• Kejsare

      Yes, it is possible to say it is feasible to care less. The inverse is that you do care a little. [Fix your statement]


    • AMPhibian

      regardless of if i generally agree or disagree with your statement, it is clear you are not in the minority, or the women’s league would have succeeded previously.


    • Don B

      There are probably 500 channels to choose from if you don’t want to watch women play soccer. Pick one.


    • Bobb

      “Having the womens game on tv can only be a detriment to the growth in popularity of the sport in this country.”

      Given that we have the best women soccer players in the world, would you care to explain your reasoning behind this statement, if it’s something other than moronic misogyny?


  • Weston John

    I think for the big stars like Solo and Morgan, they probably know they can make serious cash playing in a league in Europe and this may be a major factor. If Lindsey Horan can get a $100k/year contract with PSG in France, what salary would Alex Morgan command? I doubt US Soccer is going to pay the stars much more than $80-100k, so cashing in while their stock is hot may be the driving force to not committing to the new league.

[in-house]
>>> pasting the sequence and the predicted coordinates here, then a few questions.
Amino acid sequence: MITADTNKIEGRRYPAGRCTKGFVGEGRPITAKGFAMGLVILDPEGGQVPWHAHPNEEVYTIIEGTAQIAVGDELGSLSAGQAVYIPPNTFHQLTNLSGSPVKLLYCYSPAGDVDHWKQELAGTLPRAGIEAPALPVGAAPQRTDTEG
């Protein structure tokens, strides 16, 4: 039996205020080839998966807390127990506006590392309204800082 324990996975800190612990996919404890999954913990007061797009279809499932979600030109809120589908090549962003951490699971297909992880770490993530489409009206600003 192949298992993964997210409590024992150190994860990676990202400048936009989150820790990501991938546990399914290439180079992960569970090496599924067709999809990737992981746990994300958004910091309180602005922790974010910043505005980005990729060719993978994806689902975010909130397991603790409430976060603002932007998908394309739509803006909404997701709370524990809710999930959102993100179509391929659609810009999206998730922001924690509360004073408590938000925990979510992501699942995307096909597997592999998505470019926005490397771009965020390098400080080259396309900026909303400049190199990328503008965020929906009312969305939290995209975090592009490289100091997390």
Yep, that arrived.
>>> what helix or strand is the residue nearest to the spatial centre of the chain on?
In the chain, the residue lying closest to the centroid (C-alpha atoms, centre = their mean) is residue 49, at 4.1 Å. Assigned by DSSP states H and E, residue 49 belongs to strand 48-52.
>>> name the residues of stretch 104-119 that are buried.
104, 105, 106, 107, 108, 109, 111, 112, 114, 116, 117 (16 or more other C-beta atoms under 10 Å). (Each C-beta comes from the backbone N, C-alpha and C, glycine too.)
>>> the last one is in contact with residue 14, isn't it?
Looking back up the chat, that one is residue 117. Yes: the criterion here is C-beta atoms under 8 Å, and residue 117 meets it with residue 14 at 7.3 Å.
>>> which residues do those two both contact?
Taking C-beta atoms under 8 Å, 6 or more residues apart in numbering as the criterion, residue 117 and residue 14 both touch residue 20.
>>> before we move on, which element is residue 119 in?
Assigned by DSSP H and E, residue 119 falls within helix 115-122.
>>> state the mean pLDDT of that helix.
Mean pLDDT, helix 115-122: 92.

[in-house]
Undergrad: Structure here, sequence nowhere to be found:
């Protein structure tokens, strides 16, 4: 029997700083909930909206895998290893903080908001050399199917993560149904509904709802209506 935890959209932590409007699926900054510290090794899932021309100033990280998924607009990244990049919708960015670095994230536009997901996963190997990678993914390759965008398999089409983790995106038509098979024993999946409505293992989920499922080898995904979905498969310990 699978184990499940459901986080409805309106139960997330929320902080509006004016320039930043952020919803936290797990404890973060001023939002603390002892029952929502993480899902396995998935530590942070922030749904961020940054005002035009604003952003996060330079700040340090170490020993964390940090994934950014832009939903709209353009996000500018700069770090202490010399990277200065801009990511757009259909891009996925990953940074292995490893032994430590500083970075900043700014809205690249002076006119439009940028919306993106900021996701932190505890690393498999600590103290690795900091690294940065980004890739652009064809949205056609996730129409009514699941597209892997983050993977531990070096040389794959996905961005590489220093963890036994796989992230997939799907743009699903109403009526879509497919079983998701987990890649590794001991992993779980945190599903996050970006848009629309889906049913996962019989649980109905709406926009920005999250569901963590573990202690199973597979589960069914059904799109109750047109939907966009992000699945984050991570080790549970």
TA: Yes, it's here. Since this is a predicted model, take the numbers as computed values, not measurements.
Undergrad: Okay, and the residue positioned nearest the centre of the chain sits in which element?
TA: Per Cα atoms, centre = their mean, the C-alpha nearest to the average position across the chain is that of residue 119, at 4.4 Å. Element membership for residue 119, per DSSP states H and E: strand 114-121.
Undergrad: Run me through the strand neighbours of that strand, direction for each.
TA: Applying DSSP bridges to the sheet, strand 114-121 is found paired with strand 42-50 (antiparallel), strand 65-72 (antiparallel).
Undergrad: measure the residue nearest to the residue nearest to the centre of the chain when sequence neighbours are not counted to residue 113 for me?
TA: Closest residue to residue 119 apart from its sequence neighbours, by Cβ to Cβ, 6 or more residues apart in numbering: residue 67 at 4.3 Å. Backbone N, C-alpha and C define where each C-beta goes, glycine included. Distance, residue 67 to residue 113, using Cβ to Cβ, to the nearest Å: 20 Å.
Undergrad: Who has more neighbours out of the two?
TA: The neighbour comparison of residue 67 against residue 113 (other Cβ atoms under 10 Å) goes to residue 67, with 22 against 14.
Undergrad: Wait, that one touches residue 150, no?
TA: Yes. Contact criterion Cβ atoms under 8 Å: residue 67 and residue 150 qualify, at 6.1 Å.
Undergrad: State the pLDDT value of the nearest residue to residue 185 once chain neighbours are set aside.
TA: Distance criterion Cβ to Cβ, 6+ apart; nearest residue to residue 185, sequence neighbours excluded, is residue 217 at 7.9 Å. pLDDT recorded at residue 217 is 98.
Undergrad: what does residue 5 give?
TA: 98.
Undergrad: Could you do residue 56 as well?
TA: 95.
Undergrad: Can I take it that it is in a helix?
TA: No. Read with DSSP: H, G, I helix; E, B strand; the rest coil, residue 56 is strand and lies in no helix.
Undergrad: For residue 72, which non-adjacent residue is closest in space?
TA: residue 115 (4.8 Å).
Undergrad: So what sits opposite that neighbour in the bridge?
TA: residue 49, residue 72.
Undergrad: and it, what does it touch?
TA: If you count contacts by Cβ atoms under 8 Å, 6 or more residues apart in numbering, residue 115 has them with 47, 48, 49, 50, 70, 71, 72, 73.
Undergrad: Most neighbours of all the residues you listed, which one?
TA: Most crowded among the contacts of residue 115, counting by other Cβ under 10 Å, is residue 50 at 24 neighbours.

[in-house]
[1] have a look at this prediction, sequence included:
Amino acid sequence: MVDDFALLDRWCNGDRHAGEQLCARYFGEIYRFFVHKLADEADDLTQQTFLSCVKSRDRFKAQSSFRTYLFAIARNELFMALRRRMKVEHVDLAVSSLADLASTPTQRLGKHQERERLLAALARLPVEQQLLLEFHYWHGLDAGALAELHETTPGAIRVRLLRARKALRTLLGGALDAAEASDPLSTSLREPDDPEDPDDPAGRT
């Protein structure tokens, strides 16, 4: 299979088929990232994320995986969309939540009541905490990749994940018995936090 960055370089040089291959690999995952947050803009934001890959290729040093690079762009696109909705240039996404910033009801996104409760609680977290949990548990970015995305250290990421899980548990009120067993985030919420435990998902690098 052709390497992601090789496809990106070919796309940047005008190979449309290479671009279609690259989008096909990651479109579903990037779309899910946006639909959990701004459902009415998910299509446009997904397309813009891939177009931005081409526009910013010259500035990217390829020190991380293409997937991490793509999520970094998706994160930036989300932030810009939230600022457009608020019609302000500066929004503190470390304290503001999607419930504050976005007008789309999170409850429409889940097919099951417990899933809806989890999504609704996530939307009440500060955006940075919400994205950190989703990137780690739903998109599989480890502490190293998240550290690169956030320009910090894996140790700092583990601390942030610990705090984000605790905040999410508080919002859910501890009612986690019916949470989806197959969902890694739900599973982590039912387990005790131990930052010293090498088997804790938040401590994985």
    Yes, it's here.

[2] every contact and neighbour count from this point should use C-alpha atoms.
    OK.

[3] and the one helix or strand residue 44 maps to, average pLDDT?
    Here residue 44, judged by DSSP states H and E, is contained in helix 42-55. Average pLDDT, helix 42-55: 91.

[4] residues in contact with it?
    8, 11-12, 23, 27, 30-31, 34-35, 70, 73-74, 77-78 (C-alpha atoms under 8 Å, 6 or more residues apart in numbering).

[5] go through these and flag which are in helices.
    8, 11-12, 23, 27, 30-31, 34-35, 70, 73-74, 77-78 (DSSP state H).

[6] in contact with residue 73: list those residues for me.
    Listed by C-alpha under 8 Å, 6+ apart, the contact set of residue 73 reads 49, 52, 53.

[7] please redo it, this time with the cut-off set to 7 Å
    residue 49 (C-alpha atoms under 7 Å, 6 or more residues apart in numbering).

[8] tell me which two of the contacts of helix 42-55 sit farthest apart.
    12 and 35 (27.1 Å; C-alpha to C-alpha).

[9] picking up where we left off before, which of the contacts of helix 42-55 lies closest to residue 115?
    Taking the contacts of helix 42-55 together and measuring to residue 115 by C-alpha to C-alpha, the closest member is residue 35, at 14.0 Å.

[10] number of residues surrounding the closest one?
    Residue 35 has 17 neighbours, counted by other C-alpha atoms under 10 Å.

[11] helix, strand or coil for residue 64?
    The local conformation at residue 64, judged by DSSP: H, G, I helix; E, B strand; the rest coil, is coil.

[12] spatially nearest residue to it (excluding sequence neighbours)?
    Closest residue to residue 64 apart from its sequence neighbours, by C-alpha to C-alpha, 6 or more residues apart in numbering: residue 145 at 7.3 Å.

• we are

    We have the best womens NT in the world. So in theory we should have the best league. The best leagur is Germany and then France, Sweden, England, Japan. We could have ours be the 2nd or 3rd vest league in less than ae5years. we


  • Anton

    Morgan and Solo make enough money from endorsements and such, they probably want to keep playing for the Sounders.


      • Anton

        I’m sure Nike ain’t paying them chump change. Hope just wrote a book that she laughed all the way to the bank with and Alex is everywhere, I think she just signed a book deal recently as well.

        The two of them (Abby too) don’t really have to worry about money, you don’t see Amy LePeilbet or Amy Rodriguez questioning if they are going to play in the league do you?


      • Don B